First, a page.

Know your rights when it comes to housing | Guest View

Mar 20, 2017
Michelle Van Tassell

The legal actions taken against an Edmonds apartment landlord for discriminatory practices (“Justice Department sue Edmonds landlords,” Edmonds Beacon, March 9) serves as a reminder to us all that securing a home is one of the most significant events that any person will experience in his or her lifetime, one that should be entirely free of discrimination.

The Federal Fair Housing Act makes illegal any discrimination in the sale, lease or rental of housing, or making housing otherwise unavailable because of race, color, religion, sex, handicap, familial status or national origin.

Washington state laws provide even broader coverage and prohibit discrimination based on veteran/military status, creed, marital status, sexual orientation, gender identity and HIV/AIDS and Hepatitis C status.

Home sellers, home seekers and real estate professionals all have rights and responsibilities under federal, state and local laws. We must collectively strive to avoid both blatant or unwitting violations of Fair Housing laws, and to embrace diversity in our communities.

And so, a few reminders: (adapted from “Fair Housing in Washington state, 100 FAQs,”

Home sellers/landlords may not:

• Establish discriminatory terms or conditions in the purchase or rental. Examples: sending violation notices to a Middle Eastern resident who breaks a rule, but not to a Caucasian resident who breaks the same rule; charging additional deposits to families with children.

• Deny that housing is available or advertise that the property is not available, when it is, to people in one of the protected classes listed above.

• Ask an applicant for proof of legal status just because he or she has an accent, speaks English poorly or just “looks foreign.”

• Refer people within a protected class to a building or neighborhood that would be “better suited” for them.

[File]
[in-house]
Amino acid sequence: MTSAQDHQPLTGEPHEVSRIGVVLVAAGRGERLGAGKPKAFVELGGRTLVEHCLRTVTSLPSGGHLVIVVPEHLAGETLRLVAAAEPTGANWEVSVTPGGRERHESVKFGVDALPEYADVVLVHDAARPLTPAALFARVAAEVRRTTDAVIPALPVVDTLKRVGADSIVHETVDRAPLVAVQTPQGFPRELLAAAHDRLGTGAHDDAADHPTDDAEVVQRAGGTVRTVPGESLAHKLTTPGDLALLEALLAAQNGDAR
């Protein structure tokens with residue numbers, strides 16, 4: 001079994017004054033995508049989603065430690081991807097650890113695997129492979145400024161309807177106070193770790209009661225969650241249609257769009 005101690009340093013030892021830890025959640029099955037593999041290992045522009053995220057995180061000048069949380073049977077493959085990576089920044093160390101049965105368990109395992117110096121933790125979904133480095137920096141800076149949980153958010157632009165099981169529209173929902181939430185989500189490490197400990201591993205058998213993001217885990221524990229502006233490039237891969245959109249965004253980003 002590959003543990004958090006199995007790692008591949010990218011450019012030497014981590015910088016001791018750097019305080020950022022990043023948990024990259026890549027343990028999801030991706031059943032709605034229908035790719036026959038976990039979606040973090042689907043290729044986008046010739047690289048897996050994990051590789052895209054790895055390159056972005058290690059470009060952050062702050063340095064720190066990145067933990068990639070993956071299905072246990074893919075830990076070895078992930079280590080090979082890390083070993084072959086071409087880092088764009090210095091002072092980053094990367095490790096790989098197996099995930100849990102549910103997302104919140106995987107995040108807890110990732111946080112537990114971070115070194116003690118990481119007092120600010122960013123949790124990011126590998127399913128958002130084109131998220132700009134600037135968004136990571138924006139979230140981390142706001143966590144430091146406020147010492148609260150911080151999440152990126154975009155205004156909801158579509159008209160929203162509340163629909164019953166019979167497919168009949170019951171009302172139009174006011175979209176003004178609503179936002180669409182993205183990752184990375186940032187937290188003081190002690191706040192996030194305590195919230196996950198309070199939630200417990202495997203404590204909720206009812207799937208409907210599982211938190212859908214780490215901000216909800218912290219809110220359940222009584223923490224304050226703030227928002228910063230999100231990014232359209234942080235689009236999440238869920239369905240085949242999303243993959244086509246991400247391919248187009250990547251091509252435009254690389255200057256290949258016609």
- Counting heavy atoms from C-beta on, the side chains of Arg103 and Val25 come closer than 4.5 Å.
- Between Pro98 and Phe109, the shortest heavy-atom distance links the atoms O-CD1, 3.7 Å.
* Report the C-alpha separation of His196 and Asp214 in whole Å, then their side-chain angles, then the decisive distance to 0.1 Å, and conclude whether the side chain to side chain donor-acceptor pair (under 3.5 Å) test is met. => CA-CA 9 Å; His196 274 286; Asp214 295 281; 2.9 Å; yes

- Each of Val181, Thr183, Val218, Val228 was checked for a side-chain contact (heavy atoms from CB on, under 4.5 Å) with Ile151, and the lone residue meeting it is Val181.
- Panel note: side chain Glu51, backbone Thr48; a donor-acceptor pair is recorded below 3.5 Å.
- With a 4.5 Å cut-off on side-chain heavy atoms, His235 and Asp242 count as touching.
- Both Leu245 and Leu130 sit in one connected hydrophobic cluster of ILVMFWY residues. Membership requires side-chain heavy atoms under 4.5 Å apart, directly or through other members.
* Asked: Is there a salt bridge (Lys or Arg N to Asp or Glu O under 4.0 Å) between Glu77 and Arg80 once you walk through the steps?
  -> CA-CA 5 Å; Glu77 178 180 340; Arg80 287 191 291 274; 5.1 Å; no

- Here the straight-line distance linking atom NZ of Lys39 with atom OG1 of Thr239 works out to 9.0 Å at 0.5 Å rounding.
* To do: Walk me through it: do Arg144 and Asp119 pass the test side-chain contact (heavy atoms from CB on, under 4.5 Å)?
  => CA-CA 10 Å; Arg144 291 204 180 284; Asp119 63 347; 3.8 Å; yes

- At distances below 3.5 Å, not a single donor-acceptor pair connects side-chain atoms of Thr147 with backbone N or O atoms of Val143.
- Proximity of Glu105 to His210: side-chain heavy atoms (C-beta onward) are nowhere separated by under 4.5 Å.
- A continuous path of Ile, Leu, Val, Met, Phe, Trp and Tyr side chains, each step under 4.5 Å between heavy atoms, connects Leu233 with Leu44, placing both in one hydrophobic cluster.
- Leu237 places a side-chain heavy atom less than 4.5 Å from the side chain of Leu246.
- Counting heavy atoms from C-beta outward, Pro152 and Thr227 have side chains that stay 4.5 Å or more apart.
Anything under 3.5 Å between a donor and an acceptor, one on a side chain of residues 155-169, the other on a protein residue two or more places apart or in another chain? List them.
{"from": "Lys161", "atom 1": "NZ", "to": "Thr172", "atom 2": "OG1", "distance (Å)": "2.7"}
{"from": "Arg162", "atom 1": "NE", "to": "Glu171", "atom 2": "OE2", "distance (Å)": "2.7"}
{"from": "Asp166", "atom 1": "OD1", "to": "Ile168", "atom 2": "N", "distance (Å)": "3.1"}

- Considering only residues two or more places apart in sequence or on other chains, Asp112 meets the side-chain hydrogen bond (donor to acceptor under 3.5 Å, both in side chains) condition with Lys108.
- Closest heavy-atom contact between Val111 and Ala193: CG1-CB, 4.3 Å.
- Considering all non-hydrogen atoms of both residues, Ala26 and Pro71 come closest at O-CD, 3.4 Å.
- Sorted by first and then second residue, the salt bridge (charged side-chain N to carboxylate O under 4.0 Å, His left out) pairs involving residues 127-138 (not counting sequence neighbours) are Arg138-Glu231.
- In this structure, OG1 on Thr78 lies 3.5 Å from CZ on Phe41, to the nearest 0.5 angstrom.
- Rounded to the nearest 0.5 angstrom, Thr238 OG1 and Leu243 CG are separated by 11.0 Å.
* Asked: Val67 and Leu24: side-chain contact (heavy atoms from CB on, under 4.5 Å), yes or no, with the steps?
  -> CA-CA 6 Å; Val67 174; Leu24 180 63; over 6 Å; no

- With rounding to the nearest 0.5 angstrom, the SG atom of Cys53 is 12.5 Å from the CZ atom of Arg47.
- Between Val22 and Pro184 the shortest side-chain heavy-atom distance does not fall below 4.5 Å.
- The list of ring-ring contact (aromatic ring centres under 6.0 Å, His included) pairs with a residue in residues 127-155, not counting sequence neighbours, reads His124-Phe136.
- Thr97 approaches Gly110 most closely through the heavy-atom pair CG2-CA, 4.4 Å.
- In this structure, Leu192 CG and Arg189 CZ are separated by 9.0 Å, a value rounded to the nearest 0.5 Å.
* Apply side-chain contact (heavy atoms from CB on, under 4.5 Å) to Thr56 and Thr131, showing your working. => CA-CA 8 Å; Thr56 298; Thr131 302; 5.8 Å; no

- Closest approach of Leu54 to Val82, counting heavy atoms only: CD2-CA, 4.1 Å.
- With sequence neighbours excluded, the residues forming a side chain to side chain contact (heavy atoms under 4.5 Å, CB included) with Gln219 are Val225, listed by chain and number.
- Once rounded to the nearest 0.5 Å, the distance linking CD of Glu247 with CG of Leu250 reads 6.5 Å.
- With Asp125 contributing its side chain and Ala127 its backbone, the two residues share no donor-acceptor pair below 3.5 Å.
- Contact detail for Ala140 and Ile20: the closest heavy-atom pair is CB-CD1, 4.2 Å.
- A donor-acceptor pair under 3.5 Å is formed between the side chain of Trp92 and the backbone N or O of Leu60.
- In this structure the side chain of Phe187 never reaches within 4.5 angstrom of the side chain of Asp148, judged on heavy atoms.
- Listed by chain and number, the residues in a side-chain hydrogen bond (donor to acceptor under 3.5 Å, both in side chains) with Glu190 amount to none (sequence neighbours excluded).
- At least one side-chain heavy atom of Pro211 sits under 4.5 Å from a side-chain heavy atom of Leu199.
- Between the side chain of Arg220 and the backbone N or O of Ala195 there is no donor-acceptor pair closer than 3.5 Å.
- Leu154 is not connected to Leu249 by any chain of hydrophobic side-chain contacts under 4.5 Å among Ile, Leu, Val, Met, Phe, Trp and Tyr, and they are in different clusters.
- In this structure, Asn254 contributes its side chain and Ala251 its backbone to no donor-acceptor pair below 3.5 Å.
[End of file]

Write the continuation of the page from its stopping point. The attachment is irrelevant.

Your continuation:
• Create, print or publish a notice, statement or advertisement that indicates any preference, limitation, or discrimination based on a protected class. Example: A newspaper or online ad stating “Apartment available for single person.”

• Fail to provide reasonable accommodation to a person with a disability or refusing to allow a disabled resident to make reasonable modifications. Examples: refusing to let a blind resident live with a guide dog; not permitting a person with a disability to install bathroom grab bars.

• Instruct the licensed broker or salesperson acting as your agent to convey for you any limitations in the sale or rental of a property. Example: asking one’s Realtor to not accept any offers from a buyer of a specific religion.

It has become commonplace for landlords/sellers in a competitive market to receive multiple offers, some with introduction “love letters” designed to appeal to the reader’s emotions and set the prospective tenant/buyer apart.

Such letters, if used, should strictly adhere to tangible qualities about the property, not the parties involved. It is advisable to avoid considering photos of prospective renters/buyers when reviewing offers for one’s property.

Price and terms should be the bottom line with any offer, and one risks committing fair housing violations when factoring in photos or descriptions of prospective buyers or tenants.

Home seekers have the right to expect that housing will be available without discrimination or other limitations based on protected class status. This includes the right to expect:

• Housing made available to you without discrimination;

• Equal professional service;

• The opportunity to consider a broad range of housing choices;

• No discriminatory limitations on communities or locations of housing;

• No discrimination in the financing, appraising, or insuring of housing;

• Reasonable accommodations in rules, practices and procedures for persons with disabilities;

• Non-discriminatory terms and conditions for the sale, rental, financing, or insuring of a dwelling; and

• To be free from harassment or intimidation for exercising your fair housing rights

Working together, we can continue our efforts to be a thriving community that welcomes and benefits from people of all backgrounds.

For more information on Fair Housing laws and practices, contact your Local, State or Federal Fair Housing agencies or support organizations:

US Dept of Housing and Urban Development,
Washington state Human Rights Commission,
Fair Housing Center of Washington,
Snohomish County,
Washington Realtors,
City of Edmonds Diversity Commission,


Michelle Van Tassell is principal managing broker for Coldwell Banker Bain-Edmonds.
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